Aug. 25, 1997
Details of a plot that involved the
Teamster's union and the Clinton White House laundering illegal
money for each other began to emerge in Washington last week.
From the Teamster's perspective, the
deal is quite clear. Union rules prohibit candidates for the Teamster
presidency from using union money for their campaign.
But Teamster's President Ron Carey
was in an extremely tight race with James P. Hoffa and desperately
So he arranged for payment of union
money to Bill Clinton's campaign as well as State Democratic campaign
In return, the DNC donated money directly
to Ron Carey's campaign.
He won the presidency, but his election
was overturned by a federal official last week, after an investigation
had found illegal campaign contributions.
From the White House perspective,
the details are still sketchy. It is clear that the White House
needed to launder money through the Teamster's Union, but the
source of the illegal money has yet to be documented.
It could be money from the Chinese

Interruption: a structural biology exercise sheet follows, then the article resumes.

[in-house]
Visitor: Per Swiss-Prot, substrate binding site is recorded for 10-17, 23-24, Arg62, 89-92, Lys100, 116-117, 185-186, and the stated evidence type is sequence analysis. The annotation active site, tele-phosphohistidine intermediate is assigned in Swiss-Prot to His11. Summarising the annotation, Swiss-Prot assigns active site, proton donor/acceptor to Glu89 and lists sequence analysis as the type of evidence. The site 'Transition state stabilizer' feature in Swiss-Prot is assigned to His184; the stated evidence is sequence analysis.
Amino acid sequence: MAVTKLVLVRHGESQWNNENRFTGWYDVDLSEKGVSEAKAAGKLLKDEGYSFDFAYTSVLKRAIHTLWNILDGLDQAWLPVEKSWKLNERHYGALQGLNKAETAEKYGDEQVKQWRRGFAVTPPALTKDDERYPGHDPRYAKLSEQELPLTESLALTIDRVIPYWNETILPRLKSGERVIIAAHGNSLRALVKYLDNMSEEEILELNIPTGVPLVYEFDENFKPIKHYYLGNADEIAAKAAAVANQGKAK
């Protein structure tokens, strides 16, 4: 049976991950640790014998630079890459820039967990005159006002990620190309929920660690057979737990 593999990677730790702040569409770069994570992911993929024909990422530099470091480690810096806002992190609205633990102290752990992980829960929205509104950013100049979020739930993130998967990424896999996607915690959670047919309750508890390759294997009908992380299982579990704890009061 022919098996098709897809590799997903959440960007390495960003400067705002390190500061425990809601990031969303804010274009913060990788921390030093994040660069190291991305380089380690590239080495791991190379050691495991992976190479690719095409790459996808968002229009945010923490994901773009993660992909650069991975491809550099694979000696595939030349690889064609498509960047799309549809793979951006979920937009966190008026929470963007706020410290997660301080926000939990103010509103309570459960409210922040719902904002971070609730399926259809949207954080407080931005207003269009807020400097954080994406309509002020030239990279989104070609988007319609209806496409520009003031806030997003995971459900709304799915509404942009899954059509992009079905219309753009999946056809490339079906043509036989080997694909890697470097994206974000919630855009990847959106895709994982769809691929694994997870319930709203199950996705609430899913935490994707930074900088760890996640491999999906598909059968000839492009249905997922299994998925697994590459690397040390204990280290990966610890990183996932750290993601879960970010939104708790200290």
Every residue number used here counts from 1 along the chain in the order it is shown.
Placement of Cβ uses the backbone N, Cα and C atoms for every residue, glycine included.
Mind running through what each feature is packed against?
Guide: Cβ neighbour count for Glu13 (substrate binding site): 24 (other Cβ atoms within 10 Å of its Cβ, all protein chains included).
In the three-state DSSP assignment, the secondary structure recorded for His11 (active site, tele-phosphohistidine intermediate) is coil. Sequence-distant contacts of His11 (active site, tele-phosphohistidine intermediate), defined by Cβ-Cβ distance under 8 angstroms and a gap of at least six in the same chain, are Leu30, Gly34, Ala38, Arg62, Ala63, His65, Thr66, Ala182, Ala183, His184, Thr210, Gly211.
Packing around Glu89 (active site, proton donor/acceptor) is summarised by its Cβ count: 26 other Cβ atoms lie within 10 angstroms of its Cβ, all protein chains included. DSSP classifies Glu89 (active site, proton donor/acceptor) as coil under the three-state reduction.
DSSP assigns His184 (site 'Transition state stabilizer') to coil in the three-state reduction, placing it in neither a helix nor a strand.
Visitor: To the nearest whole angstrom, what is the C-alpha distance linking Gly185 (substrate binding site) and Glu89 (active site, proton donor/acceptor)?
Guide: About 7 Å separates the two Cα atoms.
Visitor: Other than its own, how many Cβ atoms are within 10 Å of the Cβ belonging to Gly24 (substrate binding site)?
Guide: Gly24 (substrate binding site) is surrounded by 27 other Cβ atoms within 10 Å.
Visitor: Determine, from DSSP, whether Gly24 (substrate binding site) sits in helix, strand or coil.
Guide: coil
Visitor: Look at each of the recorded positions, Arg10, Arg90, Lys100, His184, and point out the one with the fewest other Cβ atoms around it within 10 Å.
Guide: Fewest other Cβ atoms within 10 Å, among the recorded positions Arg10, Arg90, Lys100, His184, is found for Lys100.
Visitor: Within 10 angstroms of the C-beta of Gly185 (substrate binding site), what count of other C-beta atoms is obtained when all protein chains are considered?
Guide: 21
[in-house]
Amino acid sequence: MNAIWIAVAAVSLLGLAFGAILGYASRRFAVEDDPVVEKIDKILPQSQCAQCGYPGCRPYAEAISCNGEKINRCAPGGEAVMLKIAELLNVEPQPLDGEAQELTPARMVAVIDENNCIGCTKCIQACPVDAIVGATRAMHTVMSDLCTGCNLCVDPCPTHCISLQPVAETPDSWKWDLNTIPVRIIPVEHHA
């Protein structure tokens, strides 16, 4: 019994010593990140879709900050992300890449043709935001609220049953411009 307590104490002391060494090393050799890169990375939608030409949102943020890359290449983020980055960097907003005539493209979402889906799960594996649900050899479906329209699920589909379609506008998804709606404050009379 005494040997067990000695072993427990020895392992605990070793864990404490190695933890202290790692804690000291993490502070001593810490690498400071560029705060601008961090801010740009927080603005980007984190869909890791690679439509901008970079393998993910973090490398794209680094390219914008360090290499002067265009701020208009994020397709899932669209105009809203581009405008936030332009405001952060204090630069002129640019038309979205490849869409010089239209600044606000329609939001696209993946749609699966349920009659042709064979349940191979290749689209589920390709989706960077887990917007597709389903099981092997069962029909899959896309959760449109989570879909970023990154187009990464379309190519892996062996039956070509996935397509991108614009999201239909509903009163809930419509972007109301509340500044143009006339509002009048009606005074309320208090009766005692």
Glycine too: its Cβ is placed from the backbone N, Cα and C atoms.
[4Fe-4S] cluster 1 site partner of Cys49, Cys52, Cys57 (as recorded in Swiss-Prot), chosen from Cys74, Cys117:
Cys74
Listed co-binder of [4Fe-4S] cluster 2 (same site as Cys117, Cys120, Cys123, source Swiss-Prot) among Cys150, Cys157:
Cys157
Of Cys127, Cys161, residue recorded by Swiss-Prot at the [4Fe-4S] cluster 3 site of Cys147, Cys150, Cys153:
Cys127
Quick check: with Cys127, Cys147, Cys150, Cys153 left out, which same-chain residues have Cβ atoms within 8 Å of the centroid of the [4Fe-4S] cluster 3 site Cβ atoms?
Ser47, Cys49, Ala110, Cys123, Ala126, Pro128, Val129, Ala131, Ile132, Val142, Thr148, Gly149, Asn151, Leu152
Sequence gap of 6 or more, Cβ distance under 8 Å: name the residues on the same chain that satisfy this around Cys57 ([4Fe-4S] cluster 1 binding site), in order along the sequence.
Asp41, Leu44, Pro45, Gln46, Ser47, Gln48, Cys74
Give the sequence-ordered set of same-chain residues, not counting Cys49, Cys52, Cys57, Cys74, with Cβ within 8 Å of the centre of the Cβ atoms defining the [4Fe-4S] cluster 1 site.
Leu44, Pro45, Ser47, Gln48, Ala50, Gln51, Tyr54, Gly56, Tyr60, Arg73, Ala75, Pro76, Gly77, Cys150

government or proceeds from an illegal operation.
The Washington Post on Saturday referenced
notes by DNC finance director Richard Sullivan that mention $1
million of Teamster's money next to the name of then-White House
political director Doug Sosnick.
The Washington Post also revealed
that Ron Carey's campaign manager worked for the Clinton-Gore
This is not the first time that the
Clinton administration has made illegal deals with unions.
Charges against mob-controlled union
boss Arthur Coia were dropped by the Clinton Justice Department
after Coia made generous contributions to the Clinton campaign.
And a former Union official, F.C.
"Duke" Zeller, alleges that Mob lawyer Harold Ickes
oversaw a $56 million slush fund set up by Union mobsters to elect
Bill Clinton in 1992.
Harold Ickes later joined the White
House and briefly became chief of staff.
Ickes came under fire for his suspected
involvement in the Justice Department decision to drop the 212-count
racketeering suit against the Laborers International Union where
Arthur Coia was boss.
Published in the Aug. 25, 1997 issue of The Washington Weekly. Copyright © 1997 The Washington Weekly
(http://www.federal.com). Reposting permitted with this message intact.